Behind The Numbers
The Washington Post's annual executive compensation survey covers top executives at 117 of the region's largest public companies and is drawn from publicly available data filed with the Securities and Exchange Commission.
The information compiled was sent to the companies to check the accuracy. Most, but not all, companies responded to the inquiries. Errors were corrected and other concerns were discussed with company representatives.
We asked Equilar, an executive compensation research firm in Redwood Shores, Calif., to compile and analyze pay data.
In Equilar's "Total Compensation" analysis, the 100 highest-paid executives are listed in descending order by total pay. That includes salary, bonuses, nonequity incentive plan (NEIP) payouts, option awards, stock awards, annual changes in pension plan balances, earnings on nonqualified deferred compensation and other compensation.
Amounts listed in the bonus column typically include discretionary cash awards that are not tied to performance, like signing bonuses, as well as performance-based awards. Payouts from both annual and multiyear incentive plans are included in this column.
Values listed in the option awards column represent the fair value of new service-based and performance-based option awards on the grant date. When grant-date values were not provided for option awards, Equilar valued them using the widely accepted Black-Scholes methodology. Values listed in the stock awards column also represent the value of new service-based and performance-based stock awards on the date they are granted.
Equilar's analysis counts equity awards in the fiscal year they were granted, regardless of when an executive can access them. In some cases, the ultimate value will depend on future performance or other conditions.
There is no guarantee that executives will actually receive the estimated value of their equity awards. They may realize more or less in compensation depending on the price of the shares when they are sold. In some cases, especially in the financial sector, companies grant equity awards at the beginning of a fiscal year based on performance in the prior fiscal year. As such, they are not necessarily indicative of corporate performance in the year they were granted.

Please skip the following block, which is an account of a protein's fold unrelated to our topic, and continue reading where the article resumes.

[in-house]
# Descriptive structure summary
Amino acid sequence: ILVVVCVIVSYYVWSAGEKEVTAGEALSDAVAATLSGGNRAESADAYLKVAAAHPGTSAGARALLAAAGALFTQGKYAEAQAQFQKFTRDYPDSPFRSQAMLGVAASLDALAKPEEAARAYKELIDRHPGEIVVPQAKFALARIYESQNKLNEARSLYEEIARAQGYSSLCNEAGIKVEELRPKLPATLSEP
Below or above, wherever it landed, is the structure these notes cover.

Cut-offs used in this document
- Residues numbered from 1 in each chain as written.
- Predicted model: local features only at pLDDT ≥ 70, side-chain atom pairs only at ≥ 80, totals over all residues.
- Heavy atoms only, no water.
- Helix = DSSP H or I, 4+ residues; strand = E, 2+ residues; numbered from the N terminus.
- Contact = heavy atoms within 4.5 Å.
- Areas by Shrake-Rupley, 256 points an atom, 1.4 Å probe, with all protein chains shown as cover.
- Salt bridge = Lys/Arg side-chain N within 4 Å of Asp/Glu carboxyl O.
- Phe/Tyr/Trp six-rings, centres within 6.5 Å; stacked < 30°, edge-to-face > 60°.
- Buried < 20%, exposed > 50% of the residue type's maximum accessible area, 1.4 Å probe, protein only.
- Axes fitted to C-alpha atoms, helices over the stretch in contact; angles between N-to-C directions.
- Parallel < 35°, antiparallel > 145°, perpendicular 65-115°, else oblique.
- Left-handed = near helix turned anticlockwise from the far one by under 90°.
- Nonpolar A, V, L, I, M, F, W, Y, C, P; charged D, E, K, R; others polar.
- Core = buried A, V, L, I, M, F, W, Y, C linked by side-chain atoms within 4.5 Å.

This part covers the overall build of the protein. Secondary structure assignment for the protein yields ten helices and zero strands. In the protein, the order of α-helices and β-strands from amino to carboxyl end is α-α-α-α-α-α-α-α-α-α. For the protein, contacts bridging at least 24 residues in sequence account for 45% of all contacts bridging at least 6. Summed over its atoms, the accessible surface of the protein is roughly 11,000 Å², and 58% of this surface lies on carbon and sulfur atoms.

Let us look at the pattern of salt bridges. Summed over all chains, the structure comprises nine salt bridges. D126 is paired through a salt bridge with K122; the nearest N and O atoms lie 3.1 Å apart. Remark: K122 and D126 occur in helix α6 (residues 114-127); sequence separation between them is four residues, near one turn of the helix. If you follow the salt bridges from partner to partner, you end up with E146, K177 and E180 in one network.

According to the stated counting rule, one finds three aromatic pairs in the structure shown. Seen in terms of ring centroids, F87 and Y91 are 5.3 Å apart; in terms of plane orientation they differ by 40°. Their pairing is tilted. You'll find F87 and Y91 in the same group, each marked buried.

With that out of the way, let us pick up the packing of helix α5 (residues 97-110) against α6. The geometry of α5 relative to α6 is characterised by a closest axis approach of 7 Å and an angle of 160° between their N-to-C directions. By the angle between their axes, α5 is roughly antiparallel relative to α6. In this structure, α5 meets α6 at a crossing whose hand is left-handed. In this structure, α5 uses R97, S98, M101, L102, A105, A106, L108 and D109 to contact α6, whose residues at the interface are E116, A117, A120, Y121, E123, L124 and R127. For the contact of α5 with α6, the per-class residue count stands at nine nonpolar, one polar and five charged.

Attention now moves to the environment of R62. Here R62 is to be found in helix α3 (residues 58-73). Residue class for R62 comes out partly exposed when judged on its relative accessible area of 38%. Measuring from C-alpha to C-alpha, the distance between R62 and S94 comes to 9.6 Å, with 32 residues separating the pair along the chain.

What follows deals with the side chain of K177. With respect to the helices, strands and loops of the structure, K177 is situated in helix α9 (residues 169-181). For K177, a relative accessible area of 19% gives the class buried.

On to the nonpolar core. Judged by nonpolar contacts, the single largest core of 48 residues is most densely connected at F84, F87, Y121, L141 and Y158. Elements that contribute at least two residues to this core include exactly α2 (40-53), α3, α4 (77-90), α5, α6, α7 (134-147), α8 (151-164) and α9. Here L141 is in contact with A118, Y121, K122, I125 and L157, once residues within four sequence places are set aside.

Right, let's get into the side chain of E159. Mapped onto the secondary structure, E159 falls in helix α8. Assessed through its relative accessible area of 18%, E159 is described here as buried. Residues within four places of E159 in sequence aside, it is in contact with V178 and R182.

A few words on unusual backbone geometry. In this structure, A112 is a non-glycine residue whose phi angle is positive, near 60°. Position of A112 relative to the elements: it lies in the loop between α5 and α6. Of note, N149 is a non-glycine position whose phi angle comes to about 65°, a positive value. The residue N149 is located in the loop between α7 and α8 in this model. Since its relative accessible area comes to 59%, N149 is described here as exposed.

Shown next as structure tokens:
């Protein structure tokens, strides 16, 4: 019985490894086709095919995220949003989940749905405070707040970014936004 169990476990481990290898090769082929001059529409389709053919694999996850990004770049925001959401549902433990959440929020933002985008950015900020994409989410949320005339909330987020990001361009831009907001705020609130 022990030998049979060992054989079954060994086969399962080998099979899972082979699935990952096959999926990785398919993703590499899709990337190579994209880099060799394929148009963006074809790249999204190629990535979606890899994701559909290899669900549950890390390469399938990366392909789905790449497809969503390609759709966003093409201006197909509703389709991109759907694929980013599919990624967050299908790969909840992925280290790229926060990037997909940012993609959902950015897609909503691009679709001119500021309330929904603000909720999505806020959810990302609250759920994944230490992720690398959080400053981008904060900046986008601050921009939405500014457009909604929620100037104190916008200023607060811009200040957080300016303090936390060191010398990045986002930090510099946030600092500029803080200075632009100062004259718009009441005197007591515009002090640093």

Values listed in the pension column represent the annual growth in an executive's pension plan balances and earnings on nonqualified deferred compensation. Equilar's analysis does not take into account negative values, when pension balances decline from one year to the next. Other compensation typically includes benefits and perquisites such as the personal use of corporate aircraft, financial planning assistance and insurance premiums.
Finally, in Equilar's "Total Cash" analysis, the 100 highest-paid executives are listed in descending order by total cash compensation. Cash compensation includes salary, bonuses and NEIP payouts. The definitions for these values are the same as described above.
Local business editor Dan Beyers and online business editor Andrea Caumont supervised the compensation survey. Washington Business editor Terri Rupar oversaw the story and graphics package, and Business section administrator Sarah Halzack managed data queries. Database managers Ed Holzinger and Jacqueline Dupree provided technical assistance.